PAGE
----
6.7 Submissions and consultations expressed a range of concerns about the patentability of genetic materials and technologies, including:
general ethical objections;
the identification of a gene or other genetic material (such as a protein) is a ‘discovery’ not an ‘invention’;
genetic sequences and other genetic materials are not novel and should not be patentable;
the identification of a genetic sequence or other genetic material does not involve an inventive step;
gene patents may be granted over inventions even if the use of the invention is not yet known; and
gene patents contain broad claims and the disclosure in such patents does not justify the scope of the claims.
6.8 Chapters 3 and 7 discuss the objections to gene patents on the basis of ethical and social considerations. The other objections outlined above are considered in this chapter in the context of the relevant requirement for patentability.
6.9 Many submissions suggested that patent offices have not applied the requirements for patentability sufficiently stringently to inventions involving genetic materials and technologies. In some cases, criticisms were directed to the patentability requirements generally. Other comments addressed specific options for reform proposed by the ALRC, but nevertheless raised issues that were relevant to other patentability requirements or to additional issues addressed in this chapter. The ALRC has cited these submissions in the context of the patentability requirement or issue to which they appear most related.
6.10 A number of submissions also expressed opinions about the specific types of inventions involving genetic materials and technologies that should be patentable, and those for which patent protection should not be available. For example, it was said that genetic sequences and proteins should not be patentable, but combinations of genes, recombinant proteins and processes for identifying such materials should be. These comments appear to be based on assumptions about the type of inventions that will prima facie fail to satisfy the criteria for patentability. Such an approach is contrary to the basic principle of patent law that each patent application (and the invention claimed in it) should be assessed independently to determine whether it satisfies the statutory requirements. However, to the extent possible, the ALRC has considered these comments in relation to particular patentability requirements.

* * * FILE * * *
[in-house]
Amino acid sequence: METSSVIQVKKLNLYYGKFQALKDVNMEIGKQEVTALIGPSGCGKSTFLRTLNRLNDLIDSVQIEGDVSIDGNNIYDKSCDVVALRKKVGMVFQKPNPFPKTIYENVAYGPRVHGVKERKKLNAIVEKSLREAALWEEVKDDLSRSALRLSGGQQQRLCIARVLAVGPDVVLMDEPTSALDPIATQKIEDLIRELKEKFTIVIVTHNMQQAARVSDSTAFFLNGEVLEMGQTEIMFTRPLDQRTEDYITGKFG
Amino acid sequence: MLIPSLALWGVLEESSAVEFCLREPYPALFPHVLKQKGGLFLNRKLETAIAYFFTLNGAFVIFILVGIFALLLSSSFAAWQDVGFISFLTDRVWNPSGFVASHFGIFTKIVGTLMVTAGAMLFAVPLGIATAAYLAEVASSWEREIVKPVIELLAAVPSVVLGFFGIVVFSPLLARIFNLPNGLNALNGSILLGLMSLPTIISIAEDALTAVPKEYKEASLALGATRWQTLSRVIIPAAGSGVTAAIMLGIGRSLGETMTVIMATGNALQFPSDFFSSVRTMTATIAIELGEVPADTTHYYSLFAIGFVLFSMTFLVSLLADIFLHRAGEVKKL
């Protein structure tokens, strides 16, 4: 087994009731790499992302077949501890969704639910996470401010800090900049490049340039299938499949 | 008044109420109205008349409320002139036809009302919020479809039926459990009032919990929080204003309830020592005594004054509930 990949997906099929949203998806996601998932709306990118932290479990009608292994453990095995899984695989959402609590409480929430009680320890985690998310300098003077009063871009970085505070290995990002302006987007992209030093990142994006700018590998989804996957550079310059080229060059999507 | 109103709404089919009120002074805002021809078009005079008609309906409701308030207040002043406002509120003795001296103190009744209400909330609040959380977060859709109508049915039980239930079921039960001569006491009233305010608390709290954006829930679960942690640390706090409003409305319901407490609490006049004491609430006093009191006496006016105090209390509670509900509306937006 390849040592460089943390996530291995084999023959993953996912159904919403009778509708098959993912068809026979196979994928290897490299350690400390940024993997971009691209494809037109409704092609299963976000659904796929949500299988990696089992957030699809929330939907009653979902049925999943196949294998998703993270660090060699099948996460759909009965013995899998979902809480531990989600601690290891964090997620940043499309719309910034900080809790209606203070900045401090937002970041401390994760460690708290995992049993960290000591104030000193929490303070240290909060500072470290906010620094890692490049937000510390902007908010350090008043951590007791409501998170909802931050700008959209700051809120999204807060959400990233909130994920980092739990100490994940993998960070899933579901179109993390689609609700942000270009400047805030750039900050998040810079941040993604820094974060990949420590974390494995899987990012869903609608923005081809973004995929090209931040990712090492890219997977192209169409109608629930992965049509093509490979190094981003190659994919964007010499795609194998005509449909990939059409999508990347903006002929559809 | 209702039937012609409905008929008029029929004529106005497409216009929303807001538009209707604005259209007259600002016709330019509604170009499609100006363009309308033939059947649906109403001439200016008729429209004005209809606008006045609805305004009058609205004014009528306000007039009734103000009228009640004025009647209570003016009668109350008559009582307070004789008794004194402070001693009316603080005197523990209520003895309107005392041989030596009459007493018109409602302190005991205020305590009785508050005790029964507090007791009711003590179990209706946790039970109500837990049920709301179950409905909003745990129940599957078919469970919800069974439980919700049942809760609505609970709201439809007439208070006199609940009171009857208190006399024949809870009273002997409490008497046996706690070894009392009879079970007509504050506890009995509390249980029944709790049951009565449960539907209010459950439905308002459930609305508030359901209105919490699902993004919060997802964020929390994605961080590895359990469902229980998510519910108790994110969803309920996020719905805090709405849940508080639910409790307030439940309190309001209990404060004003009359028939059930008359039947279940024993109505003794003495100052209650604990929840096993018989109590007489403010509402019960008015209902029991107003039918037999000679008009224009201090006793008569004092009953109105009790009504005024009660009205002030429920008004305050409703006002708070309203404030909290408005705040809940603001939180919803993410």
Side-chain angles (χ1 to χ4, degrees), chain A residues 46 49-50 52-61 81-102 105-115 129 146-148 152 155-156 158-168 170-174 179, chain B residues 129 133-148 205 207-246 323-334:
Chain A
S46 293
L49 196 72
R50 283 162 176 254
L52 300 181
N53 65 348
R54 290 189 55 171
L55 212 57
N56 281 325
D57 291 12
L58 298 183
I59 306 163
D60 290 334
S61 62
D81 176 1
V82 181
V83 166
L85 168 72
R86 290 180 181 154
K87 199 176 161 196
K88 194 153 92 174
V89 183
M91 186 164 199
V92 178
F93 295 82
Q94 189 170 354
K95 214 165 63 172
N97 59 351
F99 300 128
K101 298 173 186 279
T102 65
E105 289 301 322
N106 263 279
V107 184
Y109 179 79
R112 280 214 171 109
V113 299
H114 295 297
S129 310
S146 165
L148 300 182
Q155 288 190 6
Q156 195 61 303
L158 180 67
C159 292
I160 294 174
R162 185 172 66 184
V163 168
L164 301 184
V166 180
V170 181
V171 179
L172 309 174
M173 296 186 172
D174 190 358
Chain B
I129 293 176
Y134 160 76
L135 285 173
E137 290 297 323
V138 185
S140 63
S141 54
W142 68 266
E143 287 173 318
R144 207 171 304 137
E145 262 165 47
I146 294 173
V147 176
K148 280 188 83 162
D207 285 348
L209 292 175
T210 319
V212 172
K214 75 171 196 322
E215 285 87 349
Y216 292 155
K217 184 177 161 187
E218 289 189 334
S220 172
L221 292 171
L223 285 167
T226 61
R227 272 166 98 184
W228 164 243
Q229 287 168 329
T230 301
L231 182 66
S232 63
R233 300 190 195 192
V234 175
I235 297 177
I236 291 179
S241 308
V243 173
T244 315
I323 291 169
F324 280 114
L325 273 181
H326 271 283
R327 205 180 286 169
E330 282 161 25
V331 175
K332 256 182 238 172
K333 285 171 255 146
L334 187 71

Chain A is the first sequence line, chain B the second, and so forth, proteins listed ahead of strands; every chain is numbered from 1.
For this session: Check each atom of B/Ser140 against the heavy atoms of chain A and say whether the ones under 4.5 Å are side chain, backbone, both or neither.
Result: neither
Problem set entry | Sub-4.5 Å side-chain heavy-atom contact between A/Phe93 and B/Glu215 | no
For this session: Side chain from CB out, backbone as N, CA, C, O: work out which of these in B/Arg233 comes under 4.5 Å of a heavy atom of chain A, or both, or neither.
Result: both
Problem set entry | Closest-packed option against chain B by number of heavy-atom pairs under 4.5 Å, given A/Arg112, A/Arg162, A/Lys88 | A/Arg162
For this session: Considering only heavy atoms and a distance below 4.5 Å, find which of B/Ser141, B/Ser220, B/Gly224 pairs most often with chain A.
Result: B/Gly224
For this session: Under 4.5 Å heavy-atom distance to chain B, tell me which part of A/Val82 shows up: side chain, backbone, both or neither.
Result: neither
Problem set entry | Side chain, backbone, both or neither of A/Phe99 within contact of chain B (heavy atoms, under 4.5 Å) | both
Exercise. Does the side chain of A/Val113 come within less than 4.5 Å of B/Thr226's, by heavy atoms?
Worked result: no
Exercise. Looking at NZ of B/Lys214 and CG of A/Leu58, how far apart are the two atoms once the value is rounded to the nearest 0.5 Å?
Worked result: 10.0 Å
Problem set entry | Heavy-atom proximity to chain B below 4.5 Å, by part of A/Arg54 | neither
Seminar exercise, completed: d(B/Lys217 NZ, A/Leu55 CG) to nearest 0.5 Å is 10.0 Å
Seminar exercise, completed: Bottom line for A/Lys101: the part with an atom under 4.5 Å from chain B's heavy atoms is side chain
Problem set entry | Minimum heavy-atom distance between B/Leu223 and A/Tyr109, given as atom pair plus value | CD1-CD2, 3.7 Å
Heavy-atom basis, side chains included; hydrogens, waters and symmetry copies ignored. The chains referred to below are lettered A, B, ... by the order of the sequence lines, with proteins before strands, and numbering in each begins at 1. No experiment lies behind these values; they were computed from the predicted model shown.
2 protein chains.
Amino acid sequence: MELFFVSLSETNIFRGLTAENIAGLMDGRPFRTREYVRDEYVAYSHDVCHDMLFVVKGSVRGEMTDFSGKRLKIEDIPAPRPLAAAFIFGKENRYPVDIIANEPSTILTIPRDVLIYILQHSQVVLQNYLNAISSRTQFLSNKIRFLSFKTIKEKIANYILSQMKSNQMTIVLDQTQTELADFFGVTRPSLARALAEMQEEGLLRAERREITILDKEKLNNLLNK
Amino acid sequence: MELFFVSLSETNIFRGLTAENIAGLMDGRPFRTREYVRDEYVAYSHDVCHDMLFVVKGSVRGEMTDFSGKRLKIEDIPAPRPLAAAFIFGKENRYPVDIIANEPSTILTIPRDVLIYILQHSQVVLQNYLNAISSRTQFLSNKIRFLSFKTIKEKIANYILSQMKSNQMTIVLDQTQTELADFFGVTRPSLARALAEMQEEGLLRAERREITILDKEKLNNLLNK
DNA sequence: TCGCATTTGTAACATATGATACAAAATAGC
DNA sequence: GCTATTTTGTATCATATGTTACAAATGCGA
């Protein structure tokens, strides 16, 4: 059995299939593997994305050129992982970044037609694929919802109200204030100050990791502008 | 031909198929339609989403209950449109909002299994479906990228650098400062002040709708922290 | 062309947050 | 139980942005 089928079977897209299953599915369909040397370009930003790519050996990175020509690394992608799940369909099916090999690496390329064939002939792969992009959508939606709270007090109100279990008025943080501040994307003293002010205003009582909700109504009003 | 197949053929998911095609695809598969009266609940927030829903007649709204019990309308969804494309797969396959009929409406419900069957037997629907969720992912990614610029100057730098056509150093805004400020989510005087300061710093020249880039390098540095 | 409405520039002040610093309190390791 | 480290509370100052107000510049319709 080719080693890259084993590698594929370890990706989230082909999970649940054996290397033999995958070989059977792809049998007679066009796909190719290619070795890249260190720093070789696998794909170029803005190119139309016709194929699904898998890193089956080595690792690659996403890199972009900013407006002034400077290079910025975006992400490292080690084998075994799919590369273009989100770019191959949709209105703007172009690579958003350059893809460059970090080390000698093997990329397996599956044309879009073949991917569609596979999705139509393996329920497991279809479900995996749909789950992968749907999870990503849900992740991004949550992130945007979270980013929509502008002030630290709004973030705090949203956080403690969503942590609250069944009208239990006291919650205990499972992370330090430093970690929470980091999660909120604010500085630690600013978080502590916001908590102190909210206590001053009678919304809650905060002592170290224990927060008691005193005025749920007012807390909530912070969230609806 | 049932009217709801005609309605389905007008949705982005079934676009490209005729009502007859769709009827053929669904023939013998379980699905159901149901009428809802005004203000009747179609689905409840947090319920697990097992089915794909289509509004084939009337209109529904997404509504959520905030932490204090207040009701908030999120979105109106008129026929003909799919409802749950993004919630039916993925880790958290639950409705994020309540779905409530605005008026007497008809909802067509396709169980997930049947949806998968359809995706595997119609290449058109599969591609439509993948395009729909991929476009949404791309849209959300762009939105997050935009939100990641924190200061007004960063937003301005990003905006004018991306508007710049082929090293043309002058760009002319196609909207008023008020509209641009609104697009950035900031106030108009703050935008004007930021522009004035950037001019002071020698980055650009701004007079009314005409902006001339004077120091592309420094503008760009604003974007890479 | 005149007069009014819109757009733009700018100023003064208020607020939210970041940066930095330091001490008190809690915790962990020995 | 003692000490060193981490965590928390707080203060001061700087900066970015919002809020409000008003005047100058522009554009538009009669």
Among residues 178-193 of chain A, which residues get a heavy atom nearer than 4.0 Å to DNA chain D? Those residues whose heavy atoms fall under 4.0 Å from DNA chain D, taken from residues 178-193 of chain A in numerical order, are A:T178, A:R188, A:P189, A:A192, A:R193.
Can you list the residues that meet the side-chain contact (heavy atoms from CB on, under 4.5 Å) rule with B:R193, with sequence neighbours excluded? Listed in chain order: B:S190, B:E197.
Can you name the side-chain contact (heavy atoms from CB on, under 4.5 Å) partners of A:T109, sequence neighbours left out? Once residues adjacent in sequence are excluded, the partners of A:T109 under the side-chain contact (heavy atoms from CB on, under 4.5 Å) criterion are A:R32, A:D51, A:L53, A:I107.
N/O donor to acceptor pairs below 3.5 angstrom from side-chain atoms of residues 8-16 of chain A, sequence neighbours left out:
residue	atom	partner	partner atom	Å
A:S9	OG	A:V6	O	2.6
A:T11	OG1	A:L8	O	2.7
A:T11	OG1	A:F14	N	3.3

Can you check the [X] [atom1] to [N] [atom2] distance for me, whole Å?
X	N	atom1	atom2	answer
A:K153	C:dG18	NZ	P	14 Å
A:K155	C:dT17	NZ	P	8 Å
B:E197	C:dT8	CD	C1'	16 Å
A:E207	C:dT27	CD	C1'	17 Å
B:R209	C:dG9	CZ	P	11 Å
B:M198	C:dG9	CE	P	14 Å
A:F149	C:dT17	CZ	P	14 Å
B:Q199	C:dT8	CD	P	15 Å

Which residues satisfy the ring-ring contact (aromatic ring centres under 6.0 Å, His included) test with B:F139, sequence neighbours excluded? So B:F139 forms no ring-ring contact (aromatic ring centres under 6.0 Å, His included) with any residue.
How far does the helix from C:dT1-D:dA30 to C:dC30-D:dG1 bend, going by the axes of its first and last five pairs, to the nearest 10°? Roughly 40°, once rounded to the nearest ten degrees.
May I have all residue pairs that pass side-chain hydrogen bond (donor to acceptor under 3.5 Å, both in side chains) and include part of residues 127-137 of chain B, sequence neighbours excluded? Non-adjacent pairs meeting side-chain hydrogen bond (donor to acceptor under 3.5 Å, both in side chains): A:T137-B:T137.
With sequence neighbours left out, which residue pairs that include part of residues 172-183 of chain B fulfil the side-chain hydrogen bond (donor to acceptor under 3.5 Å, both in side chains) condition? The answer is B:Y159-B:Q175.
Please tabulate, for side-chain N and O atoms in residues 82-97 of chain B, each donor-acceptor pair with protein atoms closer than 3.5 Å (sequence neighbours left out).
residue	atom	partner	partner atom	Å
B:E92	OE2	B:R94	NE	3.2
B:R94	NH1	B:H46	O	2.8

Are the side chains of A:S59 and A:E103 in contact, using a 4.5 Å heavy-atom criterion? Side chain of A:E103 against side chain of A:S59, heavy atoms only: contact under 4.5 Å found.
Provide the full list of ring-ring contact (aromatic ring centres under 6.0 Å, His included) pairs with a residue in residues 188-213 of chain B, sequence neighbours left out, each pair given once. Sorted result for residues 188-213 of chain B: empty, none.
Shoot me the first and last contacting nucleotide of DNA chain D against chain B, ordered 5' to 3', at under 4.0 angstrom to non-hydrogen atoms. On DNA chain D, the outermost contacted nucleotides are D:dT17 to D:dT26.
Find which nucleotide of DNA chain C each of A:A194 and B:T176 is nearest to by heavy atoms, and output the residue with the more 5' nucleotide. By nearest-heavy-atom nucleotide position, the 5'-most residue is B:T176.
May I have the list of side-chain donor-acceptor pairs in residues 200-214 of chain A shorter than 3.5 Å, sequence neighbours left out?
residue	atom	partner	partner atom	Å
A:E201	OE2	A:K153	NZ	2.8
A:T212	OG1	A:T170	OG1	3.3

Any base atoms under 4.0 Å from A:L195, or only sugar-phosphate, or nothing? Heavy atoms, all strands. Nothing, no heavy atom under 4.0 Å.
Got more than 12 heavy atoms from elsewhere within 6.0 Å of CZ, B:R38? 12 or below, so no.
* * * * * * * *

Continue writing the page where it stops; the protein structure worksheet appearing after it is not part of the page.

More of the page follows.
See, eg, Royal College of Pathologists of Australasia, Submission P26, 1 October 2003; GlaxoSmithKline, Submission P33, 10 October 2003; New South Wales Health Department, Submission P37, 17 October 2003; Walter and Eliza Hall Institute of Medical Research, Submission P39, 17 October 2003; Australian Health Ministers’ Advisory Council, Submission P49, 23 October 2003; South Australian Government, Submission P51, 30 October 2003; Human Genetics Society of Australasia, Submission P76, 16 April 2004; Commonwealth Department of Health and Ageing, Submission P79, 16 April 2004; Department of Health Western Australia, Submission P89, 16 April 2004; Sydney IVF Limited, Submission P98, 19 April 2004; Nuffield Council on Bioethics, Submission P102, 22 April 2004; National Health and Medical Research Council, Submission P107, 19 April 2004; New South Wales Health Department, Submission P112, 30 April 2004; Genetic Support Council WA (Inc), Submission P119, 13 May 2004.